Debbie Wasserman Schultz Doesn't Care What You Think

An interview with Congresswoman Debbie Wasserman Schultz, the head of the Democratic National Committee.

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Like she's girding herself for battle, Debbie Wasserman Schultz takes a deep breath before she starts to speak. 

As a one-time candidate and current congresswoman and chairperson, Wasserman Schultz has raised millions of dollars for Democrats. She's a breast-cancer survivor and mom of three, but never mind that. Debbie Wasserman Schultz is focused on her job. She's been a dogged defender of progressive values, devoted to that treasure of American politics — Main Street citizens. And no matter our toxic electoral moment, she is optimistic that she can win them over. "The direction that most Americans want to go is the way that Democrats have taken them," Wasserman Schultz tells me on the eve of back-to-back presidential debates this week. She points to widespread support for Planned Parenthood and the achievements of the Affordable Care Act. It matters to her that you and I understand whose policies have sparked almost 70 consecutive months of private-sector job growth and renewed attention to climate change and student loans. 

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"These are discussions that happen at every one of our debates," she stresses. "And you will not see them on the Republican agenda." But despite her obvious pride in them, it is the debates that have drawn the sharpest critiques of Wasserman Schultz. Her decision to schedule only six debates — many of which have fallen on weekends or over holidays — has rankled supporters of Bernie Sanders and Martin O'Malley. Claims that she favors Hillary Clinton have simmered for months, intensifying when the DNC briefly penalized Sanders for a data breach at his campaign by denying him access to critical voter information in December. Young progressives and pro-choice activists came down hard on the chairwoman this week when she told the New York Times Magazine, "Here's what I see: a complacency among the generation of young women whose entire lives have been lived after Roe v. Wade was decided."  

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Mattie Kahn: When you were just 22 years old, you worked for former congressman Peter Deutsch, and he persuaded you to run for his seat in the state legislature. You were the youngest female legislator in Florida history, which is crazy.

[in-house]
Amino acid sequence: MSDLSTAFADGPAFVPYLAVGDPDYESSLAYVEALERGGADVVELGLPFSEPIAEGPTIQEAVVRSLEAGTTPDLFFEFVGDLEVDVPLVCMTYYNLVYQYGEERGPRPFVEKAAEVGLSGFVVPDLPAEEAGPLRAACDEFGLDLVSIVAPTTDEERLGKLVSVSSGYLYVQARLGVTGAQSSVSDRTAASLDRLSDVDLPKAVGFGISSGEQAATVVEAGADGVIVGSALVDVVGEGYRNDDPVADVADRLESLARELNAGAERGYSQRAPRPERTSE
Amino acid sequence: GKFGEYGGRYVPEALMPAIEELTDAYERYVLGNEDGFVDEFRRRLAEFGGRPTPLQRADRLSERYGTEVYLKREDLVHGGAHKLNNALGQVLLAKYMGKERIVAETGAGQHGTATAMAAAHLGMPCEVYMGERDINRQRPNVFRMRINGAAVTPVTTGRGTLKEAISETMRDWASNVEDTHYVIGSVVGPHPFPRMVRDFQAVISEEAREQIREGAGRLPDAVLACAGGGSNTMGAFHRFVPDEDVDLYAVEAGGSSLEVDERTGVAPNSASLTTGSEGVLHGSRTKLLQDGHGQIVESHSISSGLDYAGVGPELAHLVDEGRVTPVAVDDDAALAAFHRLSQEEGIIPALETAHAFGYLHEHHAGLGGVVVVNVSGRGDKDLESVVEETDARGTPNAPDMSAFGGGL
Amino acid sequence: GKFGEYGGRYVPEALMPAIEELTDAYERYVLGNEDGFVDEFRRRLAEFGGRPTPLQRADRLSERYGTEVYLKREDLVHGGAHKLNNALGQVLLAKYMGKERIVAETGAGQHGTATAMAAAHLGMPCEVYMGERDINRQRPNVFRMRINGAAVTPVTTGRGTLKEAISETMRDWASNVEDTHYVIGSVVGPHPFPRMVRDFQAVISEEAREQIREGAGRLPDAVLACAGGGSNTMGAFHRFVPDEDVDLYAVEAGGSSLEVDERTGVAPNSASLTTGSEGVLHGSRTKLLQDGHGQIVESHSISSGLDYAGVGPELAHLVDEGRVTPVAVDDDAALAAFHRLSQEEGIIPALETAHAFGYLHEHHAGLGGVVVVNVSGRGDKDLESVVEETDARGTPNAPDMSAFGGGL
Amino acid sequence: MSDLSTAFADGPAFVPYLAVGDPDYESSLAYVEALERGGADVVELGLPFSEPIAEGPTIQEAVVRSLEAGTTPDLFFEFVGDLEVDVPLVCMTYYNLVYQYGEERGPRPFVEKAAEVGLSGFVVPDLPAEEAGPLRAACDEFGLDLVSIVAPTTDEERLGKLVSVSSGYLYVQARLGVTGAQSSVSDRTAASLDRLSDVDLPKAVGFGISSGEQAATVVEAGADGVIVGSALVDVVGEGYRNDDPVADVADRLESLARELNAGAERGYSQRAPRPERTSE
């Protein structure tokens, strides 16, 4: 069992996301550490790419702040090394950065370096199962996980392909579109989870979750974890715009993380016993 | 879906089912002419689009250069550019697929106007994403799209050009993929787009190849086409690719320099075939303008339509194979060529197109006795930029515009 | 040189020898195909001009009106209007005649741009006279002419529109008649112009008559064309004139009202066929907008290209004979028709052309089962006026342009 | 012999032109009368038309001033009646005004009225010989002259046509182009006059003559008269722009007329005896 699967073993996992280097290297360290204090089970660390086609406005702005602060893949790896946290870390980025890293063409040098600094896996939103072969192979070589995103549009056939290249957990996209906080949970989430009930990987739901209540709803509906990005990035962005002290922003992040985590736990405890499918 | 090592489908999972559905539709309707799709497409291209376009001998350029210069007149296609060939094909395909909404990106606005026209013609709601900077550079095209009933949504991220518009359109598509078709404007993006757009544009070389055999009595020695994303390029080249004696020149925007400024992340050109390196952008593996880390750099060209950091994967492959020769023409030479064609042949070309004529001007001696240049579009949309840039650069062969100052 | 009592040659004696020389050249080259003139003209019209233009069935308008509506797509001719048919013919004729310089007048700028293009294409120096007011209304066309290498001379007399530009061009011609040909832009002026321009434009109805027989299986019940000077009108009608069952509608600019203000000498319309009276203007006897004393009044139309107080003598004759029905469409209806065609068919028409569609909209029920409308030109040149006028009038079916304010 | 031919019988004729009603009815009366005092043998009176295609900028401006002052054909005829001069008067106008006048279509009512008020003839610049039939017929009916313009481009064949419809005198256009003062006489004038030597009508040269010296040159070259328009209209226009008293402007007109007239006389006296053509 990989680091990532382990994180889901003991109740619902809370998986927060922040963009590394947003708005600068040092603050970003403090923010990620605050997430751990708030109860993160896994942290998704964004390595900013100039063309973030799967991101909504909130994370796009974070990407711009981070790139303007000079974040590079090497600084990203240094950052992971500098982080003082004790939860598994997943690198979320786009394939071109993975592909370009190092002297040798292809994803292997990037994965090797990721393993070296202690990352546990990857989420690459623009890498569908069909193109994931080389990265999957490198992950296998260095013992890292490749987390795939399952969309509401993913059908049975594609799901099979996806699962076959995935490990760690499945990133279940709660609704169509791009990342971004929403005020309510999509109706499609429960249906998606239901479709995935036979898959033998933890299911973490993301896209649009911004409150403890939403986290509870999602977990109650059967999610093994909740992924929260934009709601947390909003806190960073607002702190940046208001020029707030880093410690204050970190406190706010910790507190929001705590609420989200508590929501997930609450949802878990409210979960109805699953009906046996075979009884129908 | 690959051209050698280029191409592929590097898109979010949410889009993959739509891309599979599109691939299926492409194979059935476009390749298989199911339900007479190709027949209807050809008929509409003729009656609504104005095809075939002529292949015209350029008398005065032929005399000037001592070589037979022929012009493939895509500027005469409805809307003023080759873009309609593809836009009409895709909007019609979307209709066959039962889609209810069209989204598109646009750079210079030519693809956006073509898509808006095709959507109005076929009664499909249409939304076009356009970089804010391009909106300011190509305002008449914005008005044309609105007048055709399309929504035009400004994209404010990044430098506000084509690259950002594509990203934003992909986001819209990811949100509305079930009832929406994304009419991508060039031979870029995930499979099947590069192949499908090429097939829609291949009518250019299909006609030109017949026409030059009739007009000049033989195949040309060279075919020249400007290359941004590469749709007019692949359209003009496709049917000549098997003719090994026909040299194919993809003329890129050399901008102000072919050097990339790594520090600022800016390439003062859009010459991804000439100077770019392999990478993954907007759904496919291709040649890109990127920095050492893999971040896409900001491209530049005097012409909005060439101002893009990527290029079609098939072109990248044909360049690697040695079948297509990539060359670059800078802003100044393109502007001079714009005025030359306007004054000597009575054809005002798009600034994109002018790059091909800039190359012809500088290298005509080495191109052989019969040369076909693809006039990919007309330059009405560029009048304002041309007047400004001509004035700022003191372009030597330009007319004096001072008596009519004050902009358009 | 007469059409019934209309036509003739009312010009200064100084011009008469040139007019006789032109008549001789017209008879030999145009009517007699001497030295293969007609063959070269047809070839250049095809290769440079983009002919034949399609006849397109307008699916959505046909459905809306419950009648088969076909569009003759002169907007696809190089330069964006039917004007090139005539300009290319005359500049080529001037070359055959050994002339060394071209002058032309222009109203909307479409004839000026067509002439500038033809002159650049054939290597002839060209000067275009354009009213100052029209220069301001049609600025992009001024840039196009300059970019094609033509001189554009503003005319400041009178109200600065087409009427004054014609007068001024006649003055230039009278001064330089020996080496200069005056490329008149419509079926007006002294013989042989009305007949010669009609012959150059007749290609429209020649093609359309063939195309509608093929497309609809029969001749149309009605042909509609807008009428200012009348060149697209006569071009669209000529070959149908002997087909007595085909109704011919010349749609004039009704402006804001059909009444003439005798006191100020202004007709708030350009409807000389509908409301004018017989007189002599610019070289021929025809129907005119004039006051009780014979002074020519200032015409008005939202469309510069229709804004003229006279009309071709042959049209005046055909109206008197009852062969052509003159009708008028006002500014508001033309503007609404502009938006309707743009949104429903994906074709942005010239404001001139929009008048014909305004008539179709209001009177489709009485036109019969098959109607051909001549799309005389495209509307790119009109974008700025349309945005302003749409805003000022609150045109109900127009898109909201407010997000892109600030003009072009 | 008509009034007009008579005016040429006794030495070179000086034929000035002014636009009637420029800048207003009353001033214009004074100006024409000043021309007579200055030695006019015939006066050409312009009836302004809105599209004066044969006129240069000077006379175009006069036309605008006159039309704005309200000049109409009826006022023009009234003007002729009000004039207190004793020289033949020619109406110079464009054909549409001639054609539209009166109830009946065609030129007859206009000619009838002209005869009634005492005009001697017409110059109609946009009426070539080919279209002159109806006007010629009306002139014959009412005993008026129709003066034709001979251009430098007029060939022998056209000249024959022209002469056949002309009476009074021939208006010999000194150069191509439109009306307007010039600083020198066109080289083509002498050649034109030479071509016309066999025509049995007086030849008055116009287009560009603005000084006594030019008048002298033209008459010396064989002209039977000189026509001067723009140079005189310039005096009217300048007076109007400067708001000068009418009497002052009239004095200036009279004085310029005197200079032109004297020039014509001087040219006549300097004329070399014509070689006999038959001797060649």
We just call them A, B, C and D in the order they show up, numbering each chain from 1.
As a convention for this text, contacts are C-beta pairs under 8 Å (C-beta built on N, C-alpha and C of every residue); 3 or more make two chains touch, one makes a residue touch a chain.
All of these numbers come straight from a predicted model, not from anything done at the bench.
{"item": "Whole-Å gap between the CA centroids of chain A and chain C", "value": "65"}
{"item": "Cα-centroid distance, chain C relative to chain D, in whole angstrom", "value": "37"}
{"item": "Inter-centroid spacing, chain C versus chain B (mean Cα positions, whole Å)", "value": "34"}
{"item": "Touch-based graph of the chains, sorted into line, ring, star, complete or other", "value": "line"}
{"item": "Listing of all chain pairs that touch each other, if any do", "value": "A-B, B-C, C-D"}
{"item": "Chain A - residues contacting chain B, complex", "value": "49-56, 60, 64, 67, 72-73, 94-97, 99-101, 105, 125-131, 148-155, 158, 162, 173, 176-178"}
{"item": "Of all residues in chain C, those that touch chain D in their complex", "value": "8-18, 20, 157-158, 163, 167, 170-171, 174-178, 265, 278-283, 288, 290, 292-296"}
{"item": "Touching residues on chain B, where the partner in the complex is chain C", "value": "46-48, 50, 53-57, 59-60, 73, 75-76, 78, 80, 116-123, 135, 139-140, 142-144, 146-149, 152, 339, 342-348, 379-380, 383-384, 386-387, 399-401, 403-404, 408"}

Debbie Wasserman Schultz: Pretty amazing.

MK: Pretty amazing, yes. You can take a minute to brag a little bit.

DWS: It was. I didn't even realize it while I was running. I had no idea. During the campaign, then–State Representative Deutsch pointed it out. At one point, I remember him saying, "Debbie, I think if you win, you're going to be the youngest woman ever elected." That shocked me, but there was no internet. It wasn't like I could research it. It turned out that that was the case.

MK: We talk a lot about how important it is to have female mentors. But sometimes we forget that men can be incredible mentors as well. Tell me a little bit about what it was like to have a mentor like him, especially in those first years on the job.  

DWS: It was really important. I talk about the importance of mentors all the time. It can be really challenging, because you might know you need one and you'd like someone to take on that role, but it can be awkward to speak about it or ask for it. In my case, it kind of just happened by accident. When I was applying for jobs when I was in graduate school, I sent out 180 résumés. I sent 90 résumés to New York legislators and 90 résumés to Florida legislators. 

I got five responses — five positive responses, three interviews, and one job. And the one job I got was with Peter Deutsch. When I interviewed with him, he didn't even have a job available. He had a legislative aide, but he was the type of person who always looked through the pile of résumés that randomly get sent to legislators all the time and would seek out young, hungry political types. 

He saw my résumé; he called me and asked me to come down and interview. What I thought would just be a 30-minute conversation ended up being two hours. Those two hours — no exaggeration — were some of the most significant hours of mentorship that I experienced.